Most parents of preschoolers believe that learning English at an early age can be effective, but teachers are more doubtful of the supposed effects of “the earlier, the better” approach, a survey showed Wednesday.
About 71.9 percent of parents whose children are in kindergarten said they approve of preschoolers getting English education while only 40.8 percent of kindergarten teachers thought it was a good idea, according to a survey conducted jointly by Rep. Yoo Eun-hae of the New Politics Alliance for Democracy and civic group A World Without Worries About Private Education.
The teachers’ skeptical view was shared by their counterparts at elementary schools, as just 25 percent of the teachers there agreed that English should be taught before children started attending school.
Slightly more than half of the kindergarten teachers who opposed it said early English education is “not appropriate for the development and education of preschoolers,” while 16.5 percent said it hinders the child’s acquisition of his or her mother language.
Despite their reluctance, 72.7 percent of the institutions for preschoolers had English lessons. But 85.2 percent of those facilities said that they carry out those lessons to “meet the parents’ demands,” while only 9.3 percent said they had proactively decided to adopt those lessons.
Some kindergartens run an all-English curriculum at a hefty price. According to Rep. Park Hong-keun of the NPAD, there are 306 English kindergartens in Korea that charge around 22.8 million won ($21,400) in annual tuition, more than triple the annual average tuition for state-run universities.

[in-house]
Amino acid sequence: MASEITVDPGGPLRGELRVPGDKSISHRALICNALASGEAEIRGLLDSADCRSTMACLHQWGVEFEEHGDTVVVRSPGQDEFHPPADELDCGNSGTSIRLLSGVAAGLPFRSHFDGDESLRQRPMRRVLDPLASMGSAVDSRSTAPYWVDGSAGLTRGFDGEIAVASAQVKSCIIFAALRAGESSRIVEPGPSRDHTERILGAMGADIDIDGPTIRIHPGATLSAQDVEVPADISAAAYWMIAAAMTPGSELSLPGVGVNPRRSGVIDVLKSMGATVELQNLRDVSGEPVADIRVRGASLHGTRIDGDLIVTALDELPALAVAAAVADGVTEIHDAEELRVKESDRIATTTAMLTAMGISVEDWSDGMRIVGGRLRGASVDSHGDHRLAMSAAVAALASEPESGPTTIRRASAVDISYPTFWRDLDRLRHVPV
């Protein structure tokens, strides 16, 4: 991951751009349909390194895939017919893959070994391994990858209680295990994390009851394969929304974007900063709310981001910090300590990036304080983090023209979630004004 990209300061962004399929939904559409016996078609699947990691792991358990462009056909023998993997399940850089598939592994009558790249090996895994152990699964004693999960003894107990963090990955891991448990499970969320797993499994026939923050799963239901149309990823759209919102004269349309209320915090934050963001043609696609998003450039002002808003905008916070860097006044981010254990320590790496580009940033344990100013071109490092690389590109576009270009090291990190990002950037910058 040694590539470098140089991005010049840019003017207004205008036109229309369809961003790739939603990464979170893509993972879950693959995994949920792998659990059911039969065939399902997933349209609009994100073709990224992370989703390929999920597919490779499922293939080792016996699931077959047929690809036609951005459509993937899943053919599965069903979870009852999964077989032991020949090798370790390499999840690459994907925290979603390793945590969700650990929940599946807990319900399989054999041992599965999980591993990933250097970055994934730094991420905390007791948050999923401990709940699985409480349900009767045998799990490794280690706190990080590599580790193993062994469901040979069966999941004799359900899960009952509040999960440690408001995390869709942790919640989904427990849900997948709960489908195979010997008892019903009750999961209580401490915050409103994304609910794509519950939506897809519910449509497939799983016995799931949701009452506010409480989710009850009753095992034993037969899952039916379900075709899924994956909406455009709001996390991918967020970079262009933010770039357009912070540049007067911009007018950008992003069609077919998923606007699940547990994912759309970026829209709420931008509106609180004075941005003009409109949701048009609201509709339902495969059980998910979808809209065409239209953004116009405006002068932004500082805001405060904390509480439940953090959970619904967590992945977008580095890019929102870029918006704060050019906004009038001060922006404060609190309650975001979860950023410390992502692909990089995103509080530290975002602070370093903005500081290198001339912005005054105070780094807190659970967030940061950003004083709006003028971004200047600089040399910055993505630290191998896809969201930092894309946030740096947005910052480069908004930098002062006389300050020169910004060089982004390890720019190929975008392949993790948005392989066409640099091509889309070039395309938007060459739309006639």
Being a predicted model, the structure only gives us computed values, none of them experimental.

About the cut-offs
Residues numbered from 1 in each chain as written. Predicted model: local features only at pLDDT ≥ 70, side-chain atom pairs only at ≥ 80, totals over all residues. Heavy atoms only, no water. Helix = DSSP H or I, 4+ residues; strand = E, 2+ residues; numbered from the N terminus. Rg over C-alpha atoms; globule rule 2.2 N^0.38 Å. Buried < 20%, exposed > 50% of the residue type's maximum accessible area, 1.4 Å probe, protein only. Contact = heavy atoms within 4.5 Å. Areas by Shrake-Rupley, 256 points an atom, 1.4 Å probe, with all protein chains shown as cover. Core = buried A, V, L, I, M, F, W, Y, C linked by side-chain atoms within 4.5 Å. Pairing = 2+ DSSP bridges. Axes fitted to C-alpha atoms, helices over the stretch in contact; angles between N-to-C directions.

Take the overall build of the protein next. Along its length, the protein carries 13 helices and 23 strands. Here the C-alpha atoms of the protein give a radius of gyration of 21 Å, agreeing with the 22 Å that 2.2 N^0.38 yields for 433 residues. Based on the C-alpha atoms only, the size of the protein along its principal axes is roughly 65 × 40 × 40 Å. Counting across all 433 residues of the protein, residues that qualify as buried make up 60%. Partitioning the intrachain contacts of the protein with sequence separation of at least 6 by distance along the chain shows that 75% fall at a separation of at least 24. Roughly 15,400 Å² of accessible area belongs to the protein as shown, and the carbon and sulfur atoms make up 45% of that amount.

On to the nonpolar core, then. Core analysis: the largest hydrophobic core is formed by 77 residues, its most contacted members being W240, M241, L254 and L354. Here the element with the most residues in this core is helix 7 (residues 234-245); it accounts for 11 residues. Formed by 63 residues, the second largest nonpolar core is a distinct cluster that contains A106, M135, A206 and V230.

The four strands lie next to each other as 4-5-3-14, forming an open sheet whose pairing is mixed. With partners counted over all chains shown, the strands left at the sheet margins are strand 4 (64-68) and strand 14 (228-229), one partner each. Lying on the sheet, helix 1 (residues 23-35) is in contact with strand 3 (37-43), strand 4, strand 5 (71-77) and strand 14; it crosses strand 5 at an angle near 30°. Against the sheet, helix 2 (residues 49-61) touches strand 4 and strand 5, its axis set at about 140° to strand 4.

“English programs are one of the criteria for parents when choosing an institute for their children, meaning the programs are directly related to recruitment,” Rep. Yoo’s report said. “The facilities appear to prioritize English education against their educational philosophies or development of an individual child due to parents’ demands.”
However, the survey indicated that English education was not the main thing parents were looking for. Character education was the No. 1 thing sought by parents ― 32.4 percent ― while only 1.7 percent answered that they wanted foreign language lessons for their children.
The researchers said that the growing demand in Korea for English ― most universities and companies demand certified English test scores from applicants ― has made parents nervous, forcing them into a dilemma over education and anxiety about their child’s future. The biggest reason for parents saying yes to early English education, at 37.1 percent, was that “English is important for everyone in the international society.”
But the report also indicated that parents whose children had already experienced early English education were not as thrilled about it. The tendency to approve early education dropped among parents of older students: 48.8 percent, 44.9 percent and 43.1 percent respectively among parents of elementary, middle and high school students.
Some experts downright reject the belief that early childhood is the prime time to take up reading or writing. Ewha Womans University professor Lee Ki-sook, who conducted a six-year-long study on a group of 181 children, said there were no meaningful differences in literacy between children who were educated early on and those who were not.